Same same but, well, same actually.

I love pretty much everything about where we live.

I am a long way from friends and family and lots of the time that is really hard, but that sacrifice becomes worth it when we get all the benefits of living on the coast. It still feels like a village to me even though it is growing so fast. Sure, there are lots of people we don’t know, but as I dropped my son off for the first kinder session a few weeks ago, I couldn’t believe how many parents there I knew. And not just faces I recognised, but most of them I knew by name.

But there is one really big problem with where we live with, it is the sameness of us all.

We are a tourist destination so we have lots of travellers arrive. Some pass through, some stay for a while, some stay forever. But even many of these people look like us. They may have an accent, or even another language, but very few look different. And this concerns me.

I grew up in the sweeping plains of Dandenong, as my brother once put it, and while this had challenges, it also had lots of difference. My highschool had over 100 nationalities represented. The local restaurants used to include Lebanese, Vietnamese, Turkish and Indian, back when these weren’t the standard suburban cuisine, and now there are many Afghani and African varieties that are hugely popular with the locals. The most exotic we have here in our coastal town, other than the baked potato joint, are three different Thai restaurants.

Very good friends of ours are of Singaporean heritage, and she is a fabulous cook, so we are lucky enough to be able to share some of these rituals and food with them. The women who take such loving care of my children at daycare are Malaysian and Philipino and Sri Lankan as well as Australian, so thankfully my children see some people in their lives who don’t, look, sound or even smell like them. This difference is shared with the children through language and food and different cultural celebrations. But surely this isn’t the responsibility of the child care they spend two days a week at.

For us as children we didn’t have to go out and seek culture or difference. It surrounded us. My friends at school were all colours and nationalities, so staying at their houses meant different food and ritual and even language some times. Our local market was rich with the colour and sound of migrants. Refugees were among us, learning, living, laughing. And we grew up with the inherent knowledge that being different was what made the world fascinating.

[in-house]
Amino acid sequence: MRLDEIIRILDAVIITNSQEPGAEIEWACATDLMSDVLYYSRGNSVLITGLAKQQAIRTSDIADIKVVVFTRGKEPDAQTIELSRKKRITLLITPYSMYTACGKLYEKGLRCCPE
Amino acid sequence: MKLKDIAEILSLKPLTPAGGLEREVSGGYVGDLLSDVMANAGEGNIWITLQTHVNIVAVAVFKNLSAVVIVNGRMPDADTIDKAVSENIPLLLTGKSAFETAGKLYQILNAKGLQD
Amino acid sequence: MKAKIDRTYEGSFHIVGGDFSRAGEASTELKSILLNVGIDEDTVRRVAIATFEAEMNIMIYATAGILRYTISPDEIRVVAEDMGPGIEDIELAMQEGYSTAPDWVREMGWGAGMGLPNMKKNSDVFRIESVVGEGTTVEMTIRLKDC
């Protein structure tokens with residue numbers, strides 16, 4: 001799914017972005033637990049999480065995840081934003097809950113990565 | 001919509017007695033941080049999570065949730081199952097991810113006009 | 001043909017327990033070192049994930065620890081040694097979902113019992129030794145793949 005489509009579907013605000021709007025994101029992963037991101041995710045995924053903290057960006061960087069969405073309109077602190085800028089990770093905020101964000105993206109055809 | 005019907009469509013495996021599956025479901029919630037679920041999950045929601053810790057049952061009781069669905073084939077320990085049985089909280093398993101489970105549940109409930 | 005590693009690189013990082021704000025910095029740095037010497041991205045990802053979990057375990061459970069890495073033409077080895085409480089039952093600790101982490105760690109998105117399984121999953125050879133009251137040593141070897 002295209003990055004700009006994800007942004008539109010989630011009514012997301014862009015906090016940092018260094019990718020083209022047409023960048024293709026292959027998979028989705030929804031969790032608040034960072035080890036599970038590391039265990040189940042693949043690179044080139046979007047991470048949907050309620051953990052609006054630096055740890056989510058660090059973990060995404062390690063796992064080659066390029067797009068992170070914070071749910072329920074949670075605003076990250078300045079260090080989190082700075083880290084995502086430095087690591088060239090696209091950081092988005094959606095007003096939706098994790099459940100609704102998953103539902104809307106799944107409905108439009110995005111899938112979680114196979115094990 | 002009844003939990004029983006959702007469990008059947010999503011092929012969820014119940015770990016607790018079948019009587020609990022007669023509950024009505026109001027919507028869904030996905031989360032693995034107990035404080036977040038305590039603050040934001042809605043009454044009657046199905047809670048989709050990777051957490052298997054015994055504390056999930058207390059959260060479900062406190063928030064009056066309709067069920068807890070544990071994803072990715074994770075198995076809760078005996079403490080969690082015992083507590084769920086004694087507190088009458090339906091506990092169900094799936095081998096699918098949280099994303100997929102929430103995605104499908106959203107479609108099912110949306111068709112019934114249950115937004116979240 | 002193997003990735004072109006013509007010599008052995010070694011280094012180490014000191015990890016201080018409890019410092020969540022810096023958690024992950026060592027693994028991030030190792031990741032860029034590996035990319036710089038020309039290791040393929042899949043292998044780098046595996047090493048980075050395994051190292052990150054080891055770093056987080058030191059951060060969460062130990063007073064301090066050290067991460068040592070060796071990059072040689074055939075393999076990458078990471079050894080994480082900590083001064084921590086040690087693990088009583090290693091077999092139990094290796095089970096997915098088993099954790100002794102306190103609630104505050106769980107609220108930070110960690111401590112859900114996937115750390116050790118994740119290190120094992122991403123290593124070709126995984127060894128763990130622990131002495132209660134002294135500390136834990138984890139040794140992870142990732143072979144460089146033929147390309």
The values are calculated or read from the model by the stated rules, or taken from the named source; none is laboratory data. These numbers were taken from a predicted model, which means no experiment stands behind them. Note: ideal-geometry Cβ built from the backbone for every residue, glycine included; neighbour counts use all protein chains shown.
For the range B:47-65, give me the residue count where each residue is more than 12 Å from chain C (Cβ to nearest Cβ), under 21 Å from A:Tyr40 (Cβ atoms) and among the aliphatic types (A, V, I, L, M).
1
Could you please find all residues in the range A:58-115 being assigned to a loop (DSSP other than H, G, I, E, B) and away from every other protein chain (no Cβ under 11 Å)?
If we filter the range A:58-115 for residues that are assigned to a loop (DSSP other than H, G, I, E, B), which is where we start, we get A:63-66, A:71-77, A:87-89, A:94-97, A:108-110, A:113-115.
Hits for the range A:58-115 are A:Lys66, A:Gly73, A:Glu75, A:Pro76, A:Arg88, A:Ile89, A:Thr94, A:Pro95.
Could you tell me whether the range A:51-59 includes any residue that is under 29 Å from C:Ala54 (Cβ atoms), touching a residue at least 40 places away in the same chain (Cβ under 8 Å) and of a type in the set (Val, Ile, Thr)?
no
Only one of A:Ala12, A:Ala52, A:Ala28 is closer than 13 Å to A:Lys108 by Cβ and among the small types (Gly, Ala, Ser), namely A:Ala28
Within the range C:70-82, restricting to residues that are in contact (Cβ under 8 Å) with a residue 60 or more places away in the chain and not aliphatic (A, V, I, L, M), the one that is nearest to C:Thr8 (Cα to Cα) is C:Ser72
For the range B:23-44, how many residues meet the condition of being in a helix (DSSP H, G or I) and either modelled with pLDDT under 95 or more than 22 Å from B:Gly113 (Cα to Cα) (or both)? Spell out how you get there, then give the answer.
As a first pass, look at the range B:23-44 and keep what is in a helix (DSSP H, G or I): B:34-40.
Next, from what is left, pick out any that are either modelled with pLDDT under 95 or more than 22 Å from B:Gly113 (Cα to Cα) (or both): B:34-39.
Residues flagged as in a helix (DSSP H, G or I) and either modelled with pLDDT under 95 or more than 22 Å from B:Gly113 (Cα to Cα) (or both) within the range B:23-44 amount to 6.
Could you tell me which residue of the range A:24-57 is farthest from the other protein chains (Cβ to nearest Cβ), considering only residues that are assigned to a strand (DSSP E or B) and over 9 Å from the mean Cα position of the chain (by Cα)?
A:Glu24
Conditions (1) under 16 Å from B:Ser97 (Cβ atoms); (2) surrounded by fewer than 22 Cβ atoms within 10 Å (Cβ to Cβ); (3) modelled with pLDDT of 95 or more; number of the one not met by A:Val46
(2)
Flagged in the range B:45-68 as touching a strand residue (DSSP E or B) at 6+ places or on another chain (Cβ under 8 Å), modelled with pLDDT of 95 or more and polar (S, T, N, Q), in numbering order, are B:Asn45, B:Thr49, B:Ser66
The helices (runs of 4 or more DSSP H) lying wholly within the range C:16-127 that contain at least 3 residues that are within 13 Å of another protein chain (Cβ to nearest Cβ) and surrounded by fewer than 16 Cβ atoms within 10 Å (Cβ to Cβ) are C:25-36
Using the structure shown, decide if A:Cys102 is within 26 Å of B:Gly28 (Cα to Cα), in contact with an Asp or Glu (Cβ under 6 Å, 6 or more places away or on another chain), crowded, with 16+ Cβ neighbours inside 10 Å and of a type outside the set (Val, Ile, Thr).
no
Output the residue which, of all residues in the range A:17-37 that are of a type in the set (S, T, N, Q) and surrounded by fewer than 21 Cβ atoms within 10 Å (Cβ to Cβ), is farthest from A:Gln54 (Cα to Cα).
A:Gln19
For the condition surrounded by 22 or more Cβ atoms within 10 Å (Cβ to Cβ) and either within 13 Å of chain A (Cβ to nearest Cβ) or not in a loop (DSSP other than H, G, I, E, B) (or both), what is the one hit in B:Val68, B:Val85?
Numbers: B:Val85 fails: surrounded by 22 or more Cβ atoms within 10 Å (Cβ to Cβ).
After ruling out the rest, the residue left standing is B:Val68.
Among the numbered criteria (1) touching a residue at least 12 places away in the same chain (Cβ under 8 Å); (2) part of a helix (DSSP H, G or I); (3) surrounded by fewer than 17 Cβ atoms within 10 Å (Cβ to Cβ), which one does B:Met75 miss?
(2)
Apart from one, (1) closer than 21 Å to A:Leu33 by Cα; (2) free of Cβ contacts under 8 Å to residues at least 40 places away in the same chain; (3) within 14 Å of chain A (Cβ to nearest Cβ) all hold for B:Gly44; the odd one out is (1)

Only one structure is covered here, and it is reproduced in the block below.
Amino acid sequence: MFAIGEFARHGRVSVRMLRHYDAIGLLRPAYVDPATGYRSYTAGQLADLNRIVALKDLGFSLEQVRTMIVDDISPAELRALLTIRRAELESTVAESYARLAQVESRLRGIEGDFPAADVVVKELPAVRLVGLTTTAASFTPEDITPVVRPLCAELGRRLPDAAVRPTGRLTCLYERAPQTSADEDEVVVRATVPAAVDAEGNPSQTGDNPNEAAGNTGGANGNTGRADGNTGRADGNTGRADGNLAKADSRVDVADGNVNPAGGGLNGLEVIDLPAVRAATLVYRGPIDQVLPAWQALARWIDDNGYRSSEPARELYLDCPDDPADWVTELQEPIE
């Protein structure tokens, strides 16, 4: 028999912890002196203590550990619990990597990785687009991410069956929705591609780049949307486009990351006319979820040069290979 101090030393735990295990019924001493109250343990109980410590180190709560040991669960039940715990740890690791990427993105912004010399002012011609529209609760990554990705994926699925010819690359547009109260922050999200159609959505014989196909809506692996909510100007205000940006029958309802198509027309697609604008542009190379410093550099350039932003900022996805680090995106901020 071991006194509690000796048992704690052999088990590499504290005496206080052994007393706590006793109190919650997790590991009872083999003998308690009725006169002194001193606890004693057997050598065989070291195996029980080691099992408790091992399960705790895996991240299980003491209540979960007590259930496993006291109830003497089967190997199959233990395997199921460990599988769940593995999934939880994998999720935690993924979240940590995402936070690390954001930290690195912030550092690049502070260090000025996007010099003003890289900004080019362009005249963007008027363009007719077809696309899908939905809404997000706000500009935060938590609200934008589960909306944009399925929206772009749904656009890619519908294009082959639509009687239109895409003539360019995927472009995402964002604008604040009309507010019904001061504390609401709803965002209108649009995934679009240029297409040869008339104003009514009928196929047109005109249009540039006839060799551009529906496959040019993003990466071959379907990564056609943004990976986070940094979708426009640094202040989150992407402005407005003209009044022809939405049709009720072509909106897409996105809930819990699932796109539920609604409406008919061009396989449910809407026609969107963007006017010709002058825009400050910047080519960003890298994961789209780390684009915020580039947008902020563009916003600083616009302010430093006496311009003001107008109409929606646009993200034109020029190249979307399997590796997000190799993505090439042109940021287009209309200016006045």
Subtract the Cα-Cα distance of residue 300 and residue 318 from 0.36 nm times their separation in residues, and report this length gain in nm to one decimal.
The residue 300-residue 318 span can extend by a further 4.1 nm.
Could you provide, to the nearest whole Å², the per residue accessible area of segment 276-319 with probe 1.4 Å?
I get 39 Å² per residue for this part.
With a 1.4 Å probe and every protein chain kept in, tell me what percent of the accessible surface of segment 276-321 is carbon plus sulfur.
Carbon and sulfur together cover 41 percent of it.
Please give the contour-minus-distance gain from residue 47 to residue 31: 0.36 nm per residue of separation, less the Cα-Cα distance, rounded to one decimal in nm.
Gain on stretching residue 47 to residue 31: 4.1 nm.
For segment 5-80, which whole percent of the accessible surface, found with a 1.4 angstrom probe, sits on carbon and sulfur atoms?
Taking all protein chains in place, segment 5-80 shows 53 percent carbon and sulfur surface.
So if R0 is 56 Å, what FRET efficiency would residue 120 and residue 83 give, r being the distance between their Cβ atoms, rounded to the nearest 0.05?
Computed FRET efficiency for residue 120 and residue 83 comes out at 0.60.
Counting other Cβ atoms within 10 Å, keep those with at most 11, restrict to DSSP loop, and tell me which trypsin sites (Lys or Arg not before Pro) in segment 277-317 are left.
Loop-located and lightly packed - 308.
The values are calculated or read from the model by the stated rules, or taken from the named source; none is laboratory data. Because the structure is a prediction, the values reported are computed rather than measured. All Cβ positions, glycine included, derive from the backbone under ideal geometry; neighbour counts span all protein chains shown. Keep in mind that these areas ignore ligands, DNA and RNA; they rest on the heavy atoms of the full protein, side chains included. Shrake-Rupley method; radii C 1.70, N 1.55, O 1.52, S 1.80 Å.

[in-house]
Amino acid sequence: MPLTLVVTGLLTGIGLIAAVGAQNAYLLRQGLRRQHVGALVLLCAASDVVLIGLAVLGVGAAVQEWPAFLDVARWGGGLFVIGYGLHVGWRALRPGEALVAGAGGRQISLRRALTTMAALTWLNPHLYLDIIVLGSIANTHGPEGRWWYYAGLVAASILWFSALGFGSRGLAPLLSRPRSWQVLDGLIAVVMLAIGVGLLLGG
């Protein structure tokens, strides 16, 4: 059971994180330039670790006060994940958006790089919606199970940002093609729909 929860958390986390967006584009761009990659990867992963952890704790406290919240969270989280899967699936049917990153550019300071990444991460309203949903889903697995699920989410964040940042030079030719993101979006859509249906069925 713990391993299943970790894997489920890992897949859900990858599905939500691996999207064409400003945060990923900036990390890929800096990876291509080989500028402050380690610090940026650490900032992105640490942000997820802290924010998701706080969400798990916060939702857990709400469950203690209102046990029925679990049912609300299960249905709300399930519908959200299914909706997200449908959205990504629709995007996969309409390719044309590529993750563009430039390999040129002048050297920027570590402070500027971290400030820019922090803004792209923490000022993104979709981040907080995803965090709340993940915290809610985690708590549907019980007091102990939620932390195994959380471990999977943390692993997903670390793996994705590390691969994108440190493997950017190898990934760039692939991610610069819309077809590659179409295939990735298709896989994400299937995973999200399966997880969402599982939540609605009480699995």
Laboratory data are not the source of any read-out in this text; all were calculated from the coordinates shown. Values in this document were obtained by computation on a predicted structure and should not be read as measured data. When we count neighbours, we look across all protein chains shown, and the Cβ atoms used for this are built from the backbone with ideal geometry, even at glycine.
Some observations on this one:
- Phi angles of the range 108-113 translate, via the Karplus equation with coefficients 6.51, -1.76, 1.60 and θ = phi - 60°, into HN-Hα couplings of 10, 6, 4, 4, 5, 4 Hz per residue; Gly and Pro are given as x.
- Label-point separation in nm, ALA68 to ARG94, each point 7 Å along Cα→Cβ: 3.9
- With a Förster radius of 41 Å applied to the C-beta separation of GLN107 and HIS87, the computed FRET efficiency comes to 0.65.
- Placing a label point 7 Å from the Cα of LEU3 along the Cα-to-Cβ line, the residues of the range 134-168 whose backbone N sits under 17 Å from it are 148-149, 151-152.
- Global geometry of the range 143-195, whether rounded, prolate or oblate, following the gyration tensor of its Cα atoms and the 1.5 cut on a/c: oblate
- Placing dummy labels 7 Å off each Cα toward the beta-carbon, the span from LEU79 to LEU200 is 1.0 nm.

Now we also had huge racial tension. Our athletics carnival one year was invaded by a gang of vietnamese youth who tore through the oval, ripping out the wooden stakes holding up the trees and running at people with them. Walking to my after school job at the ice cream shop was sometimes really scary, and walking home even scarier. But nothing serious ever happened and eventually, the Vietnamese kids grew up and were replaced by the next migrant group, the Afghanis and Sudanese. We got along. We respected each other. We had to.

But what will my children think of those who look different? How will my children have any appreciation for the stories of these children who have experienced a nightmare life in another country and come here to make a fresh start? What needs to happen so that my son doesn’t scream when he sees the African doctor come and call his name to be seen next? How do you build respect for others when everyone seems the same as you?

I have some ideas, but I don’t have any answers. I am petrified that my children will spout the same ignorant rhetoric that many children I have taught repeat from their parents. I know that we will travel and eat different food and appreciate different cultures, but if that is fleeting and rare, how will the feeling of respect be learned? I love where we live and of course as a community we are welcoming and supportive of many international causes and organisations, but the reality is that many new arrivals could never afford to live here. We are exclusive, and many who live here like it that way for the safety this creates for our children. But for me, I have to make sure that this sense of safety doesn’t turn into one of superiority. In my family we are going to have to work out ¬†how difference is something to celebrate and embrace, rather than fear.




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